Your father is a doctor. That’s pretty much dividing you down the middle, isn’t it?

Correct. Maybe it’s an inherited disease.

Does one occupation inform the other?

Being an actor has improved my communication skills as a doctor because acting is mostly about listening to other actors and trying to establish good communication, often with people you don’t know. very clear, and that reminds me a little bit of working as a doctor. I meet people, often for the first time, and they present a problem that is very personal to me, and I must have the correct information to help them. In fact, it is a very delicate and difficult communication job.

Credit…David B. Torch for The New York Times

You made your movie debut at the age of 11 in a movie called “Herman”. How come on?

My mother worked with the director, so she knew he was looking for a boy my age, and she asked me if I wanted to audition. I really don’t know what I signed up for – I was 10 at the time, and it felt like a game we were playing. I remember when the director wanted me to play the role, he came to our house with flowers and said, “Congrats,” and I panicked because I realized, “Now I really have to play that role and do it. presently.” For the first time, I felt nervous about not doing a good job, feeling exactly the same as I can now before the scene that was really important to me. I can be apprehensive about not rising on occasion.

After that movie, you were inactive as an actor for 16 years.

“Herman” was a great experience. I felt like I was playing with explosives. I am dealing with my emotions and controlling my soul in a very scary way.

Do you think feeling overwhelmed as a child might have informed your decision to live this double life? Acting can never completely overwhelm you right now because you also have a completely different career going on at the same time.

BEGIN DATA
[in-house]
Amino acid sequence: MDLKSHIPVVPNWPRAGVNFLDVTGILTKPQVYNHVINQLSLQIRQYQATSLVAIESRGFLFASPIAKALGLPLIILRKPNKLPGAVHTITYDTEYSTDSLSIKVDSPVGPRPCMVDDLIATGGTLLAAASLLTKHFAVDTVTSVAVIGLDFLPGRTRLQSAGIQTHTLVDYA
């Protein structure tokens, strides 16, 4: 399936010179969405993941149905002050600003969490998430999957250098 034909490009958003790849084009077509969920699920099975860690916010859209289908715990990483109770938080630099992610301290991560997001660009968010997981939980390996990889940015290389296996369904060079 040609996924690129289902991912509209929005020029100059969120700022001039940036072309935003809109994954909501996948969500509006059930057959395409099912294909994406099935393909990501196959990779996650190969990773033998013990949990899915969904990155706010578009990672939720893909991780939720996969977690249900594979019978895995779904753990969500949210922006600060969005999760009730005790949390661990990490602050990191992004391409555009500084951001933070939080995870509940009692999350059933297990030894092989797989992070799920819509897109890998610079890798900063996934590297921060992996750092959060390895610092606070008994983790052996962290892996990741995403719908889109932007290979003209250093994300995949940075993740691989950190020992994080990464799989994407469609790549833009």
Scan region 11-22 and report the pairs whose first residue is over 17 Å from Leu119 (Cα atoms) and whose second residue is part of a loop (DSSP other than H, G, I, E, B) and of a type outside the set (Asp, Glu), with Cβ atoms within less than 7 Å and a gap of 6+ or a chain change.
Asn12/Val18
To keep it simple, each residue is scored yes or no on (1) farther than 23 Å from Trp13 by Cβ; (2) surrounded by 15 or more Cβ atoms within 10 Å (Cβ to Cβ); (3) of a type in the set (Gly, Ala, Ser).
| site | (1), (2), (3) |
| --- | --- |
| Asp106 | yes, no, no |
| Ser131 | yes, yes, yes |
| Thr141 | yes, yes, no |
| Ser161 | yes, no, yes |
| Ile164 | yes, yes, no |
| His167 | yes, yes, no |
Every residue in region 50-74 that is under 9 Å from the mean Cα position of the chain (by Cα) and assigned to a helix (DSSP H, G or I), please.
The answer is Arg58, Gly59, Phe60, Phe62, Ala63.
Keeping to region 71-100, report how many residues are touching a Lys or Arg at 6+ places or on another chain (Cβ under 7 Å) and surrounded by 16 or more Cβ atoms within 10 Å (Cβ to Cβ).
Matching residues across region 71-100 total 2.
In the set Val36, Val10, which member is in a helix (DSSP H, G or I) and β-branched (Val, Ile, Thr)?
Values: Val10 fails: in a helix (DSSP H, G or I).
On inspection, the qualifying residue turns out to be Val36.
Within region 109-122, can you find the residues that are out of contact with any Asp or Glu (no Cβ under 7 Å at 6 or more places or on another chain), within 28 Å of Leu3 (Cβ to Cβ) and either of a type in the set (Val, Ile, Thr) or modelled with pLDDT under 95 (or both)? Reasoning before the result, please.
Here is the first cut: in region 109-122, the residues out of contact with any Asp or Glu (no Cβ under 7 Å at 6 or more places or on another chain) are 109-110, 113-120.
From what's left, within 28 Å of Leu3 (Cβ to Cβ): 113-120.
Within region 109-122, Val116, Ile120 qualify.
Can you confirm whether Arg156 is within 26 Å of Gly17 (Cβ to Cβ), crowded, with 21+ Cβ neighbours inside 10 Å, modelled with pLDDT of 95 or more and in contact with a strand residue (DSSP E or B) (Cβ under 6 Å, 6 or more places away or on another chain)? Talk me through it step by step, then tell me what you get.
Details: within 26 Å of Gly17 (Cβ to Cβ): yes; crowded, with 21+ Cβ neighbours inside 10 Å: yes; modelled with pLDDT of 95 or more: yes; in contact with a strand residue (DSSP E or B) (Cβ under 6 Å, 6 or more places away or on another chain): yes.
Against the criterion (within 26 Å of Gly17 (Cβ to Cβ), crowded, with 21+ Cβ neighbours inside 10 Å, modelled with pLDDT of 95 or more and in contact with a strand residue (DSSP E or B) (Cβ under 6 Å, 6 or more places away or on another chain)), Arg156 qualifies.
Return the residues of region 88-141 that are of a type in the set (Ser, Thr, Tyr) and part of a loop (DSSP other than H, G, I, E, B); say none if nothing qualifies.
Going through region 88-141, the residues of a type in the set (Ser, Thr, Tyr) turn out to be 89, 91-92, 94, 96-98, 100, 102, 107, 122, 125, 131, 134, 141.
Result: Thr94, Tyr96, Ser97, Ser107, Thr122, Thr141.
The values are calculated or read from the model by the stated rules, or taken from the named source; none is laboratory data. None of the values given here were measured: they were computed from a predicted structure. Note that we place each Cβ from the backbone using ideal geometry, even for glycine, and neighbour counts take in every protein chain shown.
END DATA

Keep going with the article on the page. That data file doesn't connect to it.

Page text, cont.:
You should be an analyst. I think you’re here because I’ve always felt that it wouldn’t be good for me to work full time as an actor, especially when the parts were really dark and emotional. I often think that I have to find a psychologically sustainable way to work as an actor. I don’t know if I’ve been there yet, but I’m starting to see how I can protect myself.

It’s interesting that you’ve turned it down for so long, until Joachim Trier asks you to audition for “Reprise”. If that didn’t happen, do you think you would ever go back to acting?

When I was asked to audition for the first Joachim movie, I had no plans to get into acting – I had a year left in middle school and had other plans. But I have asked myself many times why I continue to do this, because I am a very neurotic person and if I perform on stage, I will be very, very nervous. It costs me a lot to do this and I often ask, “Why would you do it if it’s so hard?”

So why are you?

I think the process of creating a work of fiction and the experience of being in a fictional character is what fascinates me. It’s like you’re discovering and amplifying potentials within yourself that you may not be able to discover in real life.

Credit…David B. Torch for The New York Times

Did you ever do that “go to LA, meet Hollywood people”, or do you keep all that narrowly?

I’ve been to LA many times, but I have no naive illusions about what it’s like to be a movie actor. It’s important to me to be in this industry for the right reasons. I certainly have ambition, but I hope it’s more artistic ambition, not professional ambition.

I think those are good ambitions to have. I’ve seen European actors have a pivotal moment like yours, and they quickly make money playing the bad guy in an American comic book movie.

Maybe it would be fun to play that character! But I try to have a long-term perspective. I want to be in this job for a long time, and I don’t want to be someone who shows up for a year and then you never hear from that actor again. I want to build a career over time.

After all that has happened in the past year, do you feel more drawn to acting or medicine?

In an ideal world, I’d continue to do both. For the past five or so years, I think I’ve been trying to find a balance that makes sense, and it hasn’t worn me out. But I do not know. I keep postponing that final choice.

If there hasn’t been a final option so far, it probably never will.

You may be right. We shall see.

https://www.nytimes.com/live/2022/01/26/arts/arts-pop-culture-entertainment-news News about popular culture, arts and entertainment: Live updates

Fry Electronics Team